Service Mini-Horse Flies AA ORD-OMA

Old Sep 2, 19, 10:48 am
  #1  
FlyerTalk Evangelist
Original Poster
 
Join Date: Jul 1999
Location: ORD/MDW
Programs: AA, HH, MR elite. Fly mostly AA/WN/B6.
Posts: 18,773
Service Mini-Horse Flies AA ORD-OMA

The horse's name was Flirty.

https://www.thesun.co.uk/travel/9844...ervice-animal/

According the the article, AA policy allows small horses in the cabin. They can weigh up to 250 pounds.

Now I've seen everything.
moondog, GTITAN and jhalapin like this.
BearX220 is offline  
Old Sep 2, 19, 11:04 am
  #2  
Accor Contributor Badge
 
Join Date: Mar 2009
Location: NYC
Programs: DL KM, Bonvoy Gold, RHG Gold, Accor Silver, Hilton Silver, Natl EE, Avis PC, Greyhound RR
Posts: 5,163
It looks like this was a service animal and not an emotional support animal. The two roles are very different.

In terms of service animals (and not ESAs), miniature horses are some of the best. They are smarter than dogs and live much longer, meaning fewer animals to train and bond with over a person's lifetime. For someone who is mobility impaired, they can also lean on the horse which is a great benefit.

-J.
JDiver likes this.
GW McLintock is offline  
Old Sep 2, 19, 11:09 am
  #3  
 
Join Date: Nov 2010
Programs: AA LT Plat
Posts: 3,680
Reading the subject line (before it was edited), I thought someone was using horse flies for emotional support. They take up very little space on a plane; on the other hand, they bite.
.

Last edited by SeeBuyFly; Sep 2, 19 at 12:09 pm
SeeBuyFly is offline  
Old Sep 2, 19, 11:17 am
  #4  
FlyerTalk Evangelist
 
Join Date: Dec 2000
Location: Shanghai
Posts: 30,186
I saw this on Yahoo yesterday, and wanted to post it on FT, but couldn't think of a good thread/home for it. I must say that I was quite impressed by the story.
moondog is online now  
Old Sep 2, 19, 11:18 am
  #5  
 
Join Date: Aug 2012
Programs: AA PLT, SPG Gold
Posts: 2,159
Seems like there is no end in sight to this madness. If someone can't even set foot on a plane due to whatever condition they have, maybe they ought to get that treated first.
no1cub17 is offline  
Old Sep 2, 19, 11:21 am
  #6  
FlyerTalk Evangelist
 
Join Date: Dec 2000
Location: Shanghai
Posts: 30,186
Originally Posted by no1cub17 View Post
Seems like there is no end in sight to this madness. If someone can't even set foot on a plane due to whatever condition they have, maybe they ought to get that treated first.
Posts like this make emotional support horses sad.
moondog is online now  
Old Sep 2, 19, 12:02 pm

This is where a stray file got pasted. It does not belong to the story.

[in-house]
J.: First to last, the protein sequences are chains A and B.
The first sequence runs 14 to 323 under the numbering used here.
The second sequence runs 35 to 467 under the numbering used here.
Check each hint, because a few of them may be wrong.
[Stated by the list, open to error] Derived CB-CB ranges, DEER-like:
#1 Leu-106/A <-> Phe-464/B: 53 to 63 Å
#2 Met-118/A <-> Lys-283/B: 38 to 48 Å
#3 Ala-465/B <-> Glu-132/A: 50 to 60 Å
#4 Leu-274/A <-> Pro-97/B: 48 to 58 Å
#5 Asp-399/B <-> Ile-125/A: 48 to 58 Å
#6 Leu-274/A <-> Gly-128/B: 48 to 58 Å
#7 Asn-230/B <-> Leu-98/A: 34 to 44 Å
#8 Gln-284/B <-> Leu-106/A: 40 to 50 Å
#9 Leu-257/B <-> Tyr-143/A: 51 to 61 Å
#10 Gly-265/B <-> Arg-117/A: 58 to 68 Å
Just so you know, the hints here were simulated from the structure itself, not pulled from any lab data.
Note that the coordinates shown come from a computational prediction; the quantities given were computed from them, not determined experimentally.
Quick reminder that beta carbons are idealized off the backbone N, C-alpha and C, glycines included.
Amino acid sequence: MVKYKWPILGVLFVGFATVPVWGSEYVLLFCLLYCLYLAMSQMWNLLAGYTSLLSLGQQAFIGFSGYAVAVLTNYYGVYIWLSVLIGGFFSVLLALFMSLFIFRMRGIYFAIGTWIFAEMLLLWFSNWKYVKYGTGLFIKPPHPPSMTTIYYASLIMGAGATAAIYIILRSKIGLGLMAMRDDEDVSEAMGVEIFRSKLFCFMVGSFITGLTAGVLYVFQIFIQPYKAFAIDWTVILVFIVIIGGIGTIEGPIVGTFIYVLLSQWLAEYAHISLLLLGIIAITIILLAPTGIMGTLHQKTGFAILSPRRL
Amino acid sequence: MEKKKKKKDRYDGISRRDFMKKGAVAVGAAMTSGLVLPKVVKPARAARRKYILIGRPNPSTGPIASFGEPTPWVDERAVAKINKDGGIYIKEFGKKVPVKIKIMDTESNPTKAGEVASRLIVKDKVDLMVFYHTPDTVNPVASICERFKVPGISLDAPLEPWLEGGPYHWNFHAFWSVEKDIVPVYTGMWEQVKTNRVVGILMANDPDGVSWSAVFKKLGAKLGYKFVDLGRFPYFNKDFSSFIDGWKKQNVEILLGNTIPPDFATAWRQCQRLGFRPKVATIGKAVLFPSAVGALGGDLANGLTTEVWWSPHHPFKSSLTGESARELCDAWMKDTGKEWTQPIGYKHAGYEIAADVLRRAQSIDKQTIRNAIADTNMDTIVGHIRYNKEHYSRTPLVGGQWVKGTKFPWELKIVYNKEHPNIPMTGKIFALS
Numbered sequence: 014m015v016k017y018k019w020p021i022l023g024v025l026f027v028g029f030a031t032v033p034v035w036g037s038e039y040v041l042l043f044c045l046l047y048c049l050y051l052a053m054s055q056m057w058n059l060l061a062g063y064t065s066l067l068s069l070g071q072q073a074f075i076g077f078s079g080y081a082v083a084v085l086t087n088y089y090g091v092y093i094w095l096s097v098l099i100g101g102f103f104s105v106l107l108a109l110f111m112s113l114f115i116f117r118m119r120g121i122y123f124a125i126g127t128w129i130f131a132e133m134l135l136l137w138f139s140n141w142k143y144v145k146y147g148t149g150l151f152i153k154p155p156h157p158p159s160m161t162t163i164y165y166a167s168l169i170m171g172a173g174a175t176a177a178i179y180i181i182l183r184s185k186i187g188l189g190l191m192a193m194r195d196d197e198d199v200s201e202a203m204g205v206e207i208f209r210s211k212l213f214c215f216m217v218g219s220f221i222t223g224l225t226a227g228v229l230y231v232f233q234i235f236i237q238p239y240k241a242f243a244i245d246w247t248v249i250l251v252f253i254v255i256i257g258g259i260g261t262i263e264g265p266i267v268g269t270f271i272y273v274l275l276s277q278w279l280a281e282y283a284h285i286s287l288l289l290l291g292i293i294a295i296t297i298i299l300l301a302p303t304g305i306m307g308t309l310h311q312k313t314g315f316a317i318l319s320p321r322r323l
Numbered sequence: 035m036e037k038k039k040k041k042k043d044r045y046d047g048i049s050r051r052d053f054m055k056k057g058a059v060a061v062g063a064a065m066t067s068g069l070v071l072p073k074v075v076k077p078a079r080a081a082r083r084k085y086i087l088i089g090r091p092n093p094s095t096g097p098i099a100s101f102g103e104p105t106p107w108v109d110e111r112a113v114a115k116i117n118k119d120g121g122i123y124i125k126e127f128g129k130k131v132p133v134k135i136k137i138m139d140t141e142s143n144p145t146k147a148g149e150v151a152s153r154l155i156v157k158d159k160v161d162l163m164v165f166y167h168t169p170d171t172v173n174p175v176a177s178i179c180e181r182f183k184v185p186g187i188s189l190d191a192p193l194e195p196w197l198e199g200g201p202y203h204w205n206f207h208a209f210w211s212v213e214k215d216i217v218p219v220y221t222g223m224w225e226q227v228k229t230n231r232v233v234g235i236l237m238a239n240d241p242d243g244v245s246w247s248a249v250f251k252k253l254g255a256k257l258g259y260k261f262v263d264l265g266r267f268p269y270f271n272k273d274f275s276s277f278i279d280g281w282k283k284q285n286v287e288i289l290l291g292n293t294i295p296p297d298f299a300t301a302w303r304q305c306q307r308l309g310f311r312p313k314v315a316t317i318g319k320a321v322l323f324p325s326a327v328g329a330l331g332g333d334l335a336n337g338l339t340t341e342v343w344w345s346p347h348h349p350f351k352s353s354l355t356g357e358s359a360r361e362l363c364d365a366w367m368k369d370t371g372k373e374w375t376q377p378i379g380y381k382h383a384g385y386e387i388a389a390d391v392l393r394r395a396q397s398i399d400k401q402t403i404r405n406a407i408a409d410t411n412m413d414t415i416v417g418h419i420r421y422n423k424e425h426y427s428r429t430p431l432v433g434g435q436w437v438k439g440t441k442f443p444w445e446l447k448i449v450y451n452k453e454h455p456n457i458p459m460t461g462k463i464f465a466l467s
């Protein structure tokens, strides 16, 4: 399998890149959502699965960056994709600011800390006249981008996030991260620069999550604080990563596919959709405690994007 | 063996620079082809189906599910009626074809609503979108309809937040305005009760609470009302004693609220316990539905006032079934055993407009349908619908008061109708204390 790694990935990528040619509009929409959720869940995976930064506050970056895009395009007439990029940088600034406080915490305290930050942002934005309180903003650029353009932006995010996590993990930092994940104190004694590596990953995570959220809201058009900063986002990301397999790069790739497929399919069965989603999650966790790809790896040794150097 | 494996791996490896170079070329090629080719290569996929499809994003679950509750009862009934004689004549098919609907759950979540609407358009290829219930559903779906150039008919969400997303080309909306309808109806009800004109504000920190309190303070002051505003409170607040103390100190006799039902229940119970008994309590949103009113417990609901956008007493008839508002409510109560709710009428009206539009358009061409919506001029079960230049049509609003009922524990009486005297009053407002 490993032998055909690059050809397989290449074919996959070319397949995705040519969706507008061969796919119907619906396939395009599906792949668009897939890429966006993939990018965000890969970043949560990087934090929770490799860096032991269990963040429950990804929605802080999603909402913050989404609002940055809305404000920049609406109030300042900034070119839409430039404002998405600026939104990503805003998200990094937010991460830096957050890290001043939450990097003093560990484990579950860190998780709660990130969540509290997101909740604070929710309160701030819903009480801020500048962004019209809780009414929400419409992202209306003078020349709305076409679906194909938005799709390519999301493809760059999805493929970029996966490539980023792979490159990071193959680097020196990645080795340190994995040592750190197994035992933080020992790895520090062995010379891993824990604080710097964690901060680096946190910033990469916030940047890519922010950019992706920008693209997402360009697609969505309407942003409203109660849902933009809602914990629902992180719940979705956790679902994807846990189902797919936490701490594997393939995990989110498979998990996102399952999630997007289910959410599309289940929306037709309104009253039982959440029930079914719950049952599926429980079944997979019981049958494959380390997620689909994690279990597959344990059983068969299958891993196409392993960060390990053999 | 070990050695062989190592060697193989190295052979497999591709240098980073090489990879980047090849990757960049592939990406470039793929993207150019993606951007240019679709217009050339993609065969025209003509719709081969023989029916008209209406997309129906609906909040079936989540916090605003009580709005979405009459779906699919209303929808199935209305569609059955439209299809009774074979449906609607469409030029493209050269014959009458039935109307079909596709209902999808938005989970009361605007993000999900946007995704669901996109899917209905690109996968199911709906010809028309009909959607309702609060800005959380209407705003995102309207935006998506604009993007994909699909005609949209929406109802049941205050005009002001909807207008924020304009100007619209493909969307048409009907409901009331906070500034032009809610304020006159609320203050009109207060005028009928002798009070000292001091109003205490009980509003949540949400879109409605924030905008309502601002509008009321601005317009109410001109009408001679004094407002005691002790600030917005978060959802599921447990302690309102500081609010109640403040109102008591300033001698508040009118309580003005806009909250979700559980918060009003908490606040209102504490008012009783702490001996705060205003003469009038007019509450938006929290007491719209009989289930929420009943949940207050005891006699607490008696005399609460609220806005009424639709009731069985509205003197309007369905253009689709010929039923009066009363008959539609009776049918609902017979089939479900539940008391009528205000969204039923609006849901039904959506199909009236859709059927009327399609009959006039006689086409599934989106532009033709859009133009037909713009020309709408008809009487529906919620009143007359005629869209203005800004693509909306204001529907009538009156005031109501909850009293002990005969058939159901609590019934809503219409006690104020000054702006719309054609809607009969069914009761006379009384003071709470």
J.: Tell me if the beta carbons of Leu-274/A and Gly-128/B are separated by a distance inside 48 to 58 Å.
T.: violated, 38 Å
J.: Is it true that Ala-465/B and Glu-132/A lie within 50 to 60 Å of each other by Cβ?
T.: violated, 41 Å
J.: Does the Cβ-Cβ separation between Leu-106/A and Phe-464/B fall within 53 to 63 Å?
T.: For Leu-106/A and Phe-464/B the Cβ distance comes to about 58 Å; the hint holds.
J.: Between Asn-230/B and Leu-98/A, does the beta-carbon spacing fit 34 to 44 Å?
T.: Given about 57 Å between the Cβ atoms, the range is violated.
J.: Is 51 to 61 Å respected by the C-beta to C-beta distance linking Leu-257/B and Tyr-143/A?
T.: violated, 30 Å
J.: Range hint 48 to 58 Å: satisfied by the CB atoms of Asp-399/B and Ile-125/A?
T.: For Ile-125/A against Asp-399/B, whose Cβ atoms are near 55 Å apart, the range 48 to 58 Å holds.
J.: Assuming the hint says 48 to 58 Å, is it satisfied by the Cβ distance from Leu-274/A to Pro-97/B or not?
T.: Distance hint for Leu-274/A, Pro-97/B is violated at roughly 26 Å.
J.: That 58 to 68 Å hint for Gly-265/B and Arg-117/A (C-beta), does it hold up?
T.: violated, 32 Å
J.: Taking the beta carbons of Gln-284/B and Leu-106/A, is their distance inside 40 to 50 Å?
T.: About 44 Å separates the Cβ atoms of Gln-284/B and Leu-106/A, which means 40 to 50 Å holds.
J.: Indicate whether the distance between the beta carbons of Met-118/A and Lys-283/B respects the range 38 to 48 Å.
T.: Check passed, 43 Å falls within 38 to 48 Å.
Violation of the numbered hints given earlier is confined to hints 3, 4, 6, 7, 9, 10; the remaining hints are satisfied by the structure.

#7  
 
Join Date: Mar 2016
Location: SAN
Programs: AA EXP, US, DL, CO
Posts: 491
I am assuming that the passenger and horse had the entire bulkhead row to themselves. If not, I wouldn’t want to be the guy in the middle seat in that scenario.
AA100k is offline  
Old Sep 2, 19, 12:15 pm
  #8  
Moderator: American AAdvantage, TAP, Mexico, Technical Support and Feedback, and The Suggestion Box
 
Join Date: May 2000
Location: NorCal - SMF area
Programs: AA LT Plat; HH LT Diamond, Maître-plongeur des Muccis
Posts: 61,512
This was a Service Animal horse, a miniature horse. Service Horses are legitimate, service trained and necessary for their owners to successfully perform activities are daily living. American Airlines (and the Air Carrier Access Act) follow current Americans with Disabilities Act guidelines regarding service miniature horses. The most common use for a service horse is as a guide animal for people who are blind.

A service animal is defined as an animal that ‘is individually trained to do work or perform tasks for a person with a disability’. In 2011, the only animal recognized as a service animal was a dog. However recently the laws have changed to allow miniature horses to be trained to work and perform tasks for someone with a disability. These are new and separate provisions from the ADA which allows both service dogs and service miniature horses to be recognized as service animals and support a disabled person.

Under the American’s with Disabilities Act, the new regulations state that places and policies that are already in place must now permit miniature horses, where reasonable, to be treated the same as dogs.

The miniature horses should be 24 inches to 34 inches in height and weight around 70 to 100 pounds. There are four regulations provided by the ADA which work as assessment factors to determine where a miniature horse can enter a facility:
  • Whether the miniature horse is housebroken
  • If the miniature horse is under control
  • If the facility can accommodate the miniature horse’s size, weight, and type
  • Whether the miniature horse will not compromise safety requirements for safe operation for the whole of the facility and other members of the public

As miniature horses are much bigger than dogs, they have to follow more regulations to ensure they are providing a safe service to their owner as well as the people around them. Link.
We will reticle this thread and close it. /Moderator
aztimm and GW McLintock like this.
JDiver is offline  

Thread Tools
Search this Thread